He'd been living in a flat since 1971, but when he returned to his hometown to visit friends his mother would sometimes put him up, and this would inevitably end with a cataclysmic row and his ejection from the house. He would then crawl round to see one of his long suffering pals and beg for a night's lodgings, losing quite a number of friends in the process. Indeed, it was one of his most savage learning experiences to discover that many of them secretly reviled him for being 'intellectual' (i.e. he had an office job), and abandoning his mother in her 'hour' of need. An easy mistake to make, he supposed, for people who had enjoyed the security of a stable family all their lives and had no experience of long-term neurosis. They couldn't see that his callousness had at least kept him sane, that there were many sides to every story, and that an hour of need could sometimes stretch to forty years.

Shortly after Britain joined the E.E.C. (1973), his fading love affair with motorcycles ended in divorce, as he found himself rolling down the road at 60 m.p.h. in a t-shirt, with his flesh mixing into the tarmac. He got away with a broken collar bone and deep abrasions, but the wounds were still bleeding three weeks later, and he'd had enough. His mother visited him in hospital, but minutes after her arrival she fainted, ending up in a bed next to Llewelyn with the Cheshire cat smile of a well-practised martyr. He took stock of his life while he was recovering, returned briefly to the civil service (where he was then working as a clerk), and handed in his notice.

He really couldn't imagine himself spending his entire working life with grey soulless managers admonishing gossiping staff for petty bureaucratic crimes. For him, it was death by a thousand cuts, and with all due respect to everybody, he wanted 'out' yesterday. He now needed something which rose above all this dog-eat-dog stuff, something which was more secure, reliable and objective. He wanted to enter the domain of fundamental explanations, overarching knowledge, philosophical insight, artistic merit, quads and ivory towers, academic qualifications and regular intoxication. In short, he wanted to solve his problems by becoming a student.

Ha. Ha.

So, he ran towards explanations, and away from understanding, not thinking for a moment about the past.

The past that imprisons the future.

The Unit


It was nearly Christmas, and the sickness calls were coming in with greater frequency than the disingenuous inter-departmental greetings cards. In the vain hope of assistance, I thought I should inform Richard that the qualified nurse who was supposed to be on duty in an hour - now wasn't. I trudged to our leader's door, knocked and entered, just in time to see him turn off his personal T.V. set and move a large heap of official documents to the centre of the desk. Spluttering a little, he commented:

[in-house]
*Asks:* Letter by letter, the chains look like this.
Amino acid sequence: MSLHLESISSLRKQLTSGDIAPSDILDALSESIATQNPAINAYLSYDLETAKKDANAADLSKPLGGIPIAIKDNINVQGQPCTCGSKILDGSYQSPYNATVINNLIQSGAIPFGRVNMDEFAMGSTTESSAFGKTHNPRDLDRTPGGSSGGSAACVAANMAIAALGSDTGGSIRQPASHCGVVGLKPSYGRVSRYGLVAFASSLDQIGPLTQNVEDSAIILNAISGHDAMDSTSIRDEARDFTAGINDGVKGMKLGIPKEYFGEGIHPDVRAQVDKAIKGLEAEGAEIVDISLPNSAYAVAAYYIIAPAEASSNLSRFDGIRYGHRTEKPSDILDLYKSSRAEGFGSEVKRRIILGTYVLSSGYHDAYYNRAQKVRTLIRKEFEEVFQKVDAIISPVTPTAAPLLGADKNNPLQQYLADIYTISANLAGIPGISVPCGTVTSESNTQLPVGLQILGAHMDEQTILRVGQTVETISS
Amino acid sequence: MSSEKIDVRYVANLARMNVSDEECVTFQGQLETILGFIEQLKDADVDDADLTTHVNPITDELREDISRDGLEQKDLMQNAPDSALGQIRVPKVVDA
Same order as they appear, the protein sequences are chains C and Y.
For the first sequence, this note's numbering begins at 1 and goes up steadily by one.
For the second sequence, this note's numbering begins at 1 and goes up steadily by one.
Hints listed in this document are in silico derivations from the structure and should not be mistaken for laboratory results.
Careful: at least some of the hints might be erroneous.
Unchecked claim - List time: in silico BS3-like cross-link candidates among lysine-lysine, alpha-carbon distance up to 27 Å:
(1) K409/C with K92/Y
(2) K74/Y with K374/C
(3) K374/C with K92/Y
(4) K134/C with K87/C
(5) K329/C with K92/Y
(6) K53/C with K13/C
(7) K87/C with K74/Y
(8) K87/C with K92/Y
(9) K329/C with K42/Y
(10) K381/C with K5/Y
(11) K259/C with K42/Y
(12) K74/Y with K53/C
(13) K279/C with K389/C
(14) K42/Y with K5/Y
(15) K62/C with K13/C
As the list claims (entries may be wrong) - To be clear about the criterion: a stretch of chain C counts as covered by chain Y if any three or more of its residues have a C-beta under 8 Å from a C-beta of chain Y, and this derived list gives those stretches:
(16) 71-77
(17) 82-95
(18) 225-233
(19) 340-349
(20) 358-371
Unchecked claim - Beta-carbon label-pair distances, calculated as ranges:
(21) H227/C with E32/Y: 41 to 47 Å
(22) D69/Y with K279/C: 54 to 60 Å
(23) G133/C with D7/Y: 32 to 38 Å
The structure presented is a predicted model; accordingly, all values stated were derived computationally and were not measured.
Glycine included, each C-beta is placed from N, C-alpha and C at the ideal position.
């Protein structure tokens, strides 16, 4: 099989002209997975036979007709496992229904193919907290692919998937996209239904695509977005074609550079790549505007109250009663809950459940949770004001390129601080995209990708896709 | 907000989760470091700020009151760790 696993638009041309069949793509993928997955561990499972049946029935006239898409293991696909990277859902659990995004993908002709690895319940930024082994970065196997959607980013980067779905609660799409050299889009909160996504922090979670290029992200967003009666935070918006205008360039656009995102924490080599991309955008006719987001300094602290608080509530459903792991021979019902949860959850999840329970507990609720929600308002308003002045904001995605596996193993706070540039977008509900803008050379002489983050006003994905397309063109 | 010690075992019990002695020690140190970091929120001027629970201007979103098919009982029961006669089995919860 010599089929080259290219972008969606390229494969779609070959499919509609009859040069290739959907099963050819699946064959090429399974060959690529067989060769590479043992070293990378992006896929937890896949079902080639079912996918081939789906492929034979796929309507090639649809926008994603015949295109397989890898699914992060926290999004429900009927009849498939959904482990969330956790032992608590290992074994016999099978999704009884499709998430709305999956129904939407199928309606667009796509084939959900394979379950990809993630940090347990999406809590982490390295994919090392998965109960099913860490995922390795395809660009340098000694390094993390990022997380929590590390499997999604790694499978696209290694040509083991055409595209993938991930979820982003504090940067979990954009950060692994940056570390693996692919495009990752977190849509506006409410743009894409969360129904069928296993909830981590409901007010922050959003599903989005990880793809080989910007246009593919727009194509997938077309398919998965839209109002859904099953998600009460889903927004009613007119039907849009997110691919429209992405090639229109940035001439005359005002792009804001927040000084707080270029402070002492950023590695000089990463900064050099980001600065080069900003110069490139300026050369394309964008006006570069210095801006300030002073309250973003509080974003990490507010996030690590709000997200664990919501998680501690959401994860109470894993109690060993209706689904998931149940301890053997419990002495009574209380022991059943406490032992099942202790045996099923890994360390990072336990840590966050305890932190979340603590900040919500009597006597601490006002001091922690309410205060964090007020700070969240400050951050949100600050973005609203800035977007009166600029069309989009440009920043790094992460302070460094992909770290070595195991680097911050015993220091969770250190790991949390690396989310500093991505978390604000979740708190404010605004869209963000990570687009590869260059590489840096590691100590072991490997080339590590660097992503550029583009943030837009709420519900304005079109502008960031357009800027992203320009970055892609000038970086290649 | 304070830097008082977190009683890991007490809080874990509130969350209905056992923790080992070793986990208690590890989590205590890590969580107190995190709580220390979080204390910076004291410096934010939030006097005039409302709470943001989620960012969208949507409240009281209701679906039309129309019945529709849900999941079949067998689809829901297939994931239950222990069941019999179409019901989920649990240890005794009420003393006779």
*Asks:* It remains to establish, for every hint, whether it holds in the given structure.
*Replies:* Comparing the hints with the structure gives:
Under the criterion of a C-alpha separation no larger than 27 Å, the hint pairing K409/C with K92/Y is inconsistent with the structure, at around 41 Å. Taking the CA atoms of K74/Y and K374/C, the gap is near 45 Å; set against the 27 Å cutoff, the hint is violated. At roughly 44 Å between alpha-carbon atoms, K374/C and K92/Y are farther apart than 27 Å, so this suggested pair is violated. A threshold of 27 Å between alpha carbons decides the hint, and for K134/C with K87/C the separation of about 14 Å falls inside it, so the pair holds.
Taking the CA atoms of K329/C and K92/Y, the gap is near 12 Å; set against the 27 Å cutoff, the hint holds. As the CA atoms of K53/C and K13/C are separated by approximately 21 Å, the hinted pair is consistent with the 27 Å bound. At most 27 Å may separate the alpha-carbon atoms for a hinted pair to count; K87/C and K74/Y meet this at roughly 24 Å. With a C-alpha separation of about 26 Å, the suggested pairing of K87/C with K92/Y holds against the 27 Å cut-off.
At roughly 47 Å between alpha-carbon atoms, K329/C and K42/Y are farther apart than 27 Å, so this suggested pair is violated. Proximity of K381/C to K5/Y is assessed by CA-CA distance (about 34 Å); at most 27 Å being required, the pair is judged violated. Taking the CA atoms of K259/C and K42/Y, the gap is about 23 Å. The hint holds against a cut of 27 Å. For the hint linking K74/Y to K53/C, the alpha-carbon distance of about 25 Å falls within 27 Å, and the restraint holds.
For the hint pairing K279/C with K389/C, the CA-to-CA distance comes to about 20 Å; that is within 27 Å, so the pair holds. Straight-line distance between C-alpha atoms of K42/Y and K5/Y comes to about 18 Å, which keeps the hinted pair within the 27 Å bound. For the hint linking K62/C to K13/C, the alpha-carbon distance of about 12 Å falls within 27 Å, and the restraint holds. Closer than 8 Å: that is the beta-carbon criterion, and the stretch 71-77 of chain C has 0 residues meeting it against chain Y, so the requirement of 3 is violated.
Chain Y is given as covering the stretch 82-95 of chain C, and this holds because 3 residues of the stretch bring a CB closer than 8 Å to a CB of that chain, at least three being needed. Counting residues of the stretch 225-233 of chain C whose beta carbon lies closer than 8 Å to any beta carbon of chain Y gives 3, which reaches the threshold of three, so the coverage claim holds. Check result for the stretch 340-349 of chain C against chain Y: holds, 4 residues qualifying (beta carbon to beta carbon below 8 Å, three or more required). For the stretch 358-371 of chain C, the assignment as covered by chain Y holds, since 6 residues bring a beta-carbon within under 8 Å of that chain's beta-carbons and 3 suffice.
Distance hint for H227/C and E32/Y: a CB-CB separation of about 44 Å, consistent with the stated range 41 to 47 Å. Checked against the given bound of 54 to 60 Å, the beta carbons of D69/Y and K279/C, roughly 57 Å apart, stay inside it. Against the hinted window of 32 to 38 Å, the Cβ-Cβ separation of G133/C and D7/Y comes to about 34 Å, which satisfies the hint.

"A-a-ah, what a Godsend Ceefax is, Steven. An absolute must for all managers. I was just checking the weather forecast and traffic congestion pages to help the inspectors plan their return journey. Jolly good, eh?"

Yes, the inspectors were here again and Richard's statement was certainly sycophantic enough to be true, but somehow his bright red face, perspiring top lip and bulging half-zipped flies told a different story.

"Oh, I thought I may have caught you in flagrante, Richard."

"Hum ... humph ... I certainly don't know any lady of that name, Steven. And if I did, I certainly wouldn't do it in the office."

"Just joking."

I made a mental note to investigate further when he was out of the room, and told him about the late sick call.

"Sick again eh? Well, he's had a really tough time recently. Poor weather on his holiday, investments only yielding 5%, and now he has to look after his own children because the child minder's away – we must give him all the support we can."

"He's actually off with diarrhoea."

"Hum ... hum. Well, he does have a tendency to stomach problems."

"He also has a chronically bad back, recurrent gout, frequent migraines, and long term depression which is resistive to all known medication." I pointed out.

"Hum ... hum. Well, nevertheless we must give all the professional support we can. Ring around and see if anybody else is available."

"It seems like I've got no choice."

"Yes ... yes ... and don't worry so much, Steven. I've always got things well in hand. You know that."

"True, true" I agreed.

Returning to the main office, I couldn't help wondering for the hundredth time why the Trust was so gullible with staff sickness time. Up and down the country, millions of pounds were being spent on incapacitated nurses sitting at home, and further millions were being spent on replacing them with bank and agency nurses. In a situation where money was in short supply for essential equipment, new wards, medication and reducing waiting lists, it was incredible how the government and managers would dole out public finances with such mindless profligacy.

Yes, the ludicrousness of our professional lives had now reached critical mass, and managers were even sending boxes of chocolates to people on sick leave to make absolutely sure that the absentees couldn't accuse their employers of being 'uncaring'. A number of staff on long-term sick leave had complained that they felt 'left out' and abandoned in their 'time of need', leading to a sudden wave of paranoia amongst managers who felt vulnerable to disciplinary proceedings if they didn't demonstrate how highly they valued their invisible workforce. Predictably, some of these absentees then began to complain that management were becoming too intrusive, and that they should not 'harass' staff while they were suffering at home.

"Buzzzzz" went the doorbell, interrupting my reverie.

"I've just come to check there aren't any ligature points in the unit" said a yellow-coloured man with large identity badge worn medallion style on a gold chain.

"Okay, that's fine" I said, feeling my own throat constrict a little.


"Excuse me a minute, I'll have to answer the door again."

"Okay boss, I'll see you later."

"I've just come to undertake an environmental risk assessment and option analysis" said a grey-coloured man with rheumy eyes, clipboard and sad moustache.

"Be my guest" I said.